Dietrich Bonhoeffer (1906-1945) was a German Lutheran pastor and theologian, as well as a participant in the German Resistance movement against Nazism. He was hung for his part in a plot to assassinate Adolf Hitler. This book contains the chapters of the systematic book of ethics that Bonhoeffer was PLANNING to write, and was able to conceal from the Gestapo when he was arrested in 1943.
It begins by stating that "the knowledge of good and evil shows that (we are) no longer at one with this origin." (Pg. 17) Conscience is even "farther from the origin than shame, it presupposes disunion with God and with man." (Pg. 24) By contrast, the Christian's freedom in Jesus "is not the arbitrary choice of one amongst innumerable possibilities; it consists on the contrary precisely in the complete simplicity of His actions, which is never confronted by a plurality of possibilities." (Pg. 30) Ultimately, he concludes, "Faith alone is certainty. Everything but faith is subject to doubt." (Pg. 121)
He suggests that "The point of departure for Christian ethics is the body of Christ, the form of Christ in the form of the Church, and the formation of the Church in conformity with the form of Christ." (Pg. 84) In a section on confession (Pg. 113-115), he acknowledges that the Church "has not striven forcefully enough against the misuse of this name for an evil purpose," "has not raised her voice on behalf of the victims," "has witnessed in silence the spoilation and exploitation of the poor," etc. Later, he states that "The problem of Christian ethics is the realization among God's creatures of the revelational reality of God in Christ." (Pg. 190)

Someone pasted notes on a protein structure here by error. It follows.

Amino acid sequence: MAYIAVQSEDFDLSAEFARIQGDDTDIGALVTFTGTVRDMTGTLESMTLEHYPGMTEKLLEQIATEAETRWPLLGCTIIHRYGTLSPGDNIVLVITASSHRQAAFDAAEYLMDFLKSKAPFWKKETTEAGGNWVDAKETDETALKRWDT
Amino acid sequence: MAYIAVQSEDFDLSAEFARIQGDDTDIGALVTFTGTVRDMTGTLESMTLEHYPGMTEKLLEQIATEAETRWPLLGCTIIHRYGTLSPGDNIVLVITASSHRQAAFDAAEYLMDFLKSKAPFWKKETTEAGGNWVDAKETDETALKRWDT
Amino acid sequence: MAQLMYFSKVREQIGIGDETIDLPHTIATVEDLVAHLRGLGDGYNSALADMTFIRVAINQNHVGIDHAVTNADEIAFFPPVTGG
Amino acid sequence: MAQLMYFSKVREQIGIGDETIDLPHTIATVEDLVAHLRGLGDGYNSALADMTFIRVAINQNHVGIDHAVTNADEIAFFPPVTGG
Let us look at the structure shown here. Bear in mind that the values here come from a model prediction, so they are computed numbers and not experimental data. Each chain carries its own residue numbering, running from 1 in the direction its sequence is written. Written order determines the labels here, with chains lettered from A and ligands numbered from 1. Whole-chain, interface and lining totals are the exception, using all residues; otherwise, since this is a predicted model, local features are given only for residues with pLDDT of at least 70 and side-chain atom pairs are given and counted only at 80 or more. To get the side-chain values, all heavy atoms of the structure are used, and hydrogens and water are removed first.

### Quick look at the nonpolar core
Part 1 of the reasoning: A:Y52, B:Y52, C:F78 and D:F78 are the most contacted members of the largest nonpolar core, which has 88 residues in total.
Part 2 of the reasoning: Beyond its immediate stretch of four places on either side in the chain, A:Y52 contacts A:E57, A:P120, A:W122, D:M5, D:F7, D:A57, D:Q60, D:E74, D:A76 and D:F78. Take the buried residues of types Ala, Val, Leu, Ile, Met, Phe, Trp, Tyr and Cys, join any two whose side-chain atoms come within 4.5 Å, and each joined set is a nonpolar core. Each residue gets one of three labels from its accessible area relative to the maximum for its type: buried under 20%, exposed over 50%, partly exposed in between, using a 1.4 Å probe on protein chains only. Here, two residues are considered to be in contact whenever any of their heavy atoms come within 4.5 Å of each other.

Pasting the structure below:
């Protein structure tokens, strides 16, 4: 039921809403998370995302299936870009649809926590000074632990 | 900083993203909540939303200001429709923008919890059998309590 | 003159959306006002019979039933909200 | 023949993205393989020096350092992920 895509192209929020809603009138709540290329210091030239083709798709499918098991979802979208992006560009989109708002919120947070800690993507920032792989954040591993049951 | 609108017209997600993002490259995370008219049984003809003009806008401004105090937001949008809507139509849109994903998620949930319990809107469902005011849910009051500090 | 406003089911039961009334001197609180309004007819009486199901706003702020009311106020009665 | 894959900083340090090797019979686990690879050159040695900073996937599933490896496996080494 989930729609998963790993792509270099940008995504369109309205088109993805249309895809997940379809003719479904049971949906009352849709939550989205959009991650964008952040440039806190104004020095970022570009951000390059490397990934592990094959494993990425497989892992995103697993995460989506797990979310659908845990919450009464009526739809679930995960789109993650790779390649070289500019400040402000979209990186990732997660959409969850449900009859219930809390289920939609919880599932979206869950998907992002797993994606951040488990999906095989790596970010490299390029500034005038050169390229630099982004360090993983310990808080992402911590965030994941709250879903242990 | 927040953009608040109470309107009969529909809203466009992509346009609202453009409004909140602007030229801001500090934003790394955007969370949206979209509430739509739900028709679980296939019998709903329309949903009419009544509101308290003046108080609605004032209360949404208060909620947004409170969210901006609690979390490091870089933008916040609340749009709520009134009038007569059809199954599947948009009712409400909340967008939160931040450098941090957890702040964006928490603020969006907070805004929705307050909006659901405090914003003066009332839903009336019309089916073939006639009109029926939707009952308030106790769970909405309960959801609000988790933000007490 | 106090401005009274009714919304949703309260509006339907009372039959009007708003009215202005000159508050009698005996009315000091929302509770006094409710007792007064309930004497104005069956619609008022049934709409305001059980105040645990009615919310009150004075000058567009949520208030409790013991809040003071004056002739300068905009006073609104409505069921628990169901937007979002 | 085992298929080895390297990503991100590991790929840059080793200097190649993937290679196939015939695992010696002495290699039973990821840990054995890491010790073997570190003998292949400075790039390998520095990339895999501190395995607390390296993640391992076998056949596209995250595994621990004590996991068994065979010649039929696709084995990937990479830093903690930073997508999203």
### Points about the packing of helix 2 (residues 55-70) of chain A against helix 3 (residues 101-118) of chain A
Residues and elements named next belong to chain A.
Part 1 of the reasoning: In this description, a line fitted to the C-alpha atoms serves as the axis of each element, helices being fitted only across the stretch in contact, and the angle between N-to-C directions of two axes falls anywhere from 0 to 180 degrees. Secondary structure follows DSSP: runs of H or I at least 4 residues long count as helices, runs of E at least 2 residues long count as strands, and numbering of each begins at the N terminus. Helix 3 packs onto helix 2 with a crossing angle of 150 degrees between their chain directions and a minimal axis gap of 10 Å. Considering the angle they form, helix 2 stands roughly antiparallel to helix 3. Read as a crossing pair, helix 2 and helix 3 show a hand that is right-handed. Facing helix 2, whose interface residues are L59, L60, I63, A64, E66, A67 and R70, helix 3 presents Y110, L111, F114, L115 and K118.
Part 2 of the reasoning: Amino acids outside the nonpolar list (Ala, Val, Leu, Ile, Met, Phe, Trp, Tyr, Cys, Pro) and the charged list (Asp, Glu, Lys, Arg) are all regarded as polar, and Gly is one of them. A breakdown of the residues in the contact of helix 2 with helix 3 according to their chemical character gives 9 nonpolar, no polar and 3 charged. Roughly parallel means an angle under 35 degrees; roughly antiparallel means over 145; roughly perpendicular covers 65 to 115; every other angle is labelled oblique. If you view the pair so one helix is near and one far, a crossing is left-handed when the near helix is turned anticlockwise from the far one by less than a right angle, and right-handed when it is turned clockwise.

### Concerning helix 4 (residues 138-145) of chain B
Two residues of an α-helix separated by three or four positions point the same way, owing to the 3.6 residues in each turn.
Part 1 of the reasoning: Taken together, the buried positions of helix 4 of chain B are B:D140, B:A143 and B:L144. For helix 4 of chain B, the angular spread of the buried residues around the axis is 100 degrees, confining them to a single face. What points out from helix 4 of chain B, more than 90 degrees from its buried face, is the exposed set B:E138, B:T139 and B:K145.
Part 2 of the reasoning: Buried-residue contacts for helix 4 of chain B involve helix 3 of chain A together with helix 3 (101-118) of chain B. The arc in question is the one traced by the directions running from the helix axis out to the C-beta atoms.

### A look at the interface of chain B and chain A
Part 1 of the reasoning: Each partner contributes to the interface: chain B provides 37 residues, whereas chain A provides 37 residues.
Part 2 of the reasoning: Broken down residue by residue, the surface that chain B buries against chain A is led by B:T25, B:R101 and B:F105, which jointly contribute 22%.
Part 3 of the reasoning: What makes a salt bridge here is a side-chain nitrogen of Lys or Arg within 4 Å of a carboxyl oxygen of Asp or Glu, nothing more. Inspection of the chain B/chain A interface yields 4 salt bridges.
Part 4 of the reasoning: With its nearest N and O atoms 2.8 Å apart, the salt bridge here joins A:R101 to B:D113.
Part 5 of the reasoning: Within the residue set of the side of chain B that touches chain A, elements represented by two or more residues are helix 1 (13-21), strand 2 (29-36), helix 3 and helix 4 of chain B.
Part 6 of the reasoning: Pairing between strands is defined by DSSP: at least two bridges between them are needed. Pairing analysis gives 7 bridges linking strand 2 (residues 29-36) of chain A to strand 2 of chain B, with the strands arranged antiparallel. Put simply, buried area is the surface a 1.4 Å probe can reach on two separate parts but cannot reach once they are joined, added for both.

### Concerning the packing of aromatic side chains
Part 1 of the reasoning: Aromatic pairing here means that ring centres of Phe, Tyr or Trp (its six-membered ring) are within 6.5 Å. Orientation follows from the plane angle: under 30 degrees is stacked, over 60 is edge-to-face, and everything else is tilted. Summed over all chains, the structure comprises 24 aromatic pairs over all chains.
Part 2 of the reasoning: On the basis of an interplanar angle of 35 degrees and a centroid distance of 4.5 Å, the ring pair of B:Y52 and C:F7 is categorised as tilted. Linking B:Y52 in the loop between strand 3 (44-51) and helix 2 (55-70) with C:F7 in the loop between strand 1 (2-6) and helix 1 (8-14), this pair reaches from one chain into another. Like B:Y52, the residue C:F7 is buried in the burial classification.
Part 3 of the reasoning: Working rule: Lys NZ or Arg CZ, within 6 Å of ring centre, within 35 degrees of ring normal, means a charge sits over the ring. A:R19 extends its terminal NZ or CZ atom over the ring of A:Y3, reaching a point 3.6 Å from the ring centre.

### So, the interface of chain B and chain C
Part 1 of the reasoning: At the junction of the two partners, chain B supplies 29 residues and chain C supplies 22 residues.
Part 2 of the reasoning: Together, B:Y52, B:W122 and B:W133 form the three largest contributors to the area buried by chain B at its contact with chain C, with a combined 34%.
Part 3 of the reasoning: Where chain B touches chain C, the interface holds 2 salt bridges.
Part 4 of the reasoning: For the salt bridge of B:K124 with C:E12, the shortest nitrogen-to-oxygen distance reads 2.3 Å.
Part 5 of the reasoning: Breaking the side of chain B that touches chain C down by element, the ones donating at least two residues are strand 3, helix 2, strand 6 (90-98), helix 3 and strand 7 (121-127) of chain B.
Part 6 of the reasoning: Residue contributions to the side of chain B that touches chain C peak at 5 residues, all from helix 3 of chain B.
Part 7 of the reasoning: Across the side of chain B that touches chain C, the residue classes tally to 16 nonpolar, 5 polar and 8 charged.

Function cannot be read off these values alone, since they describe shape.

He observes that "even when it is set free in Jesus Christ conscience still confronts responsible action with the law..." (Pg. 247) For Bonhoeffer, "the ethical is not essentially a formal rational principle but a concrete relation between the giver and receiver of commands." (Pg. 273) He adds, "God's command is the only warrant for ethical discourse." (Pg. 277) He asserts, "Either God does not speak at all or else He speaks to us as definitely as He spoke to Abraham and Jacob and Moses and as definitely in Jesus Christ as He spoke to the disciples..." (pg. 278), but concedes that "God makes his commandment heard in a definite historical form." (Pg. 278)
It is tragic that Bonhoeffer was not able to finish this work, which surely would have been his magnum opus. But what we DO have is nevertheless essential reading for any student of modern theology.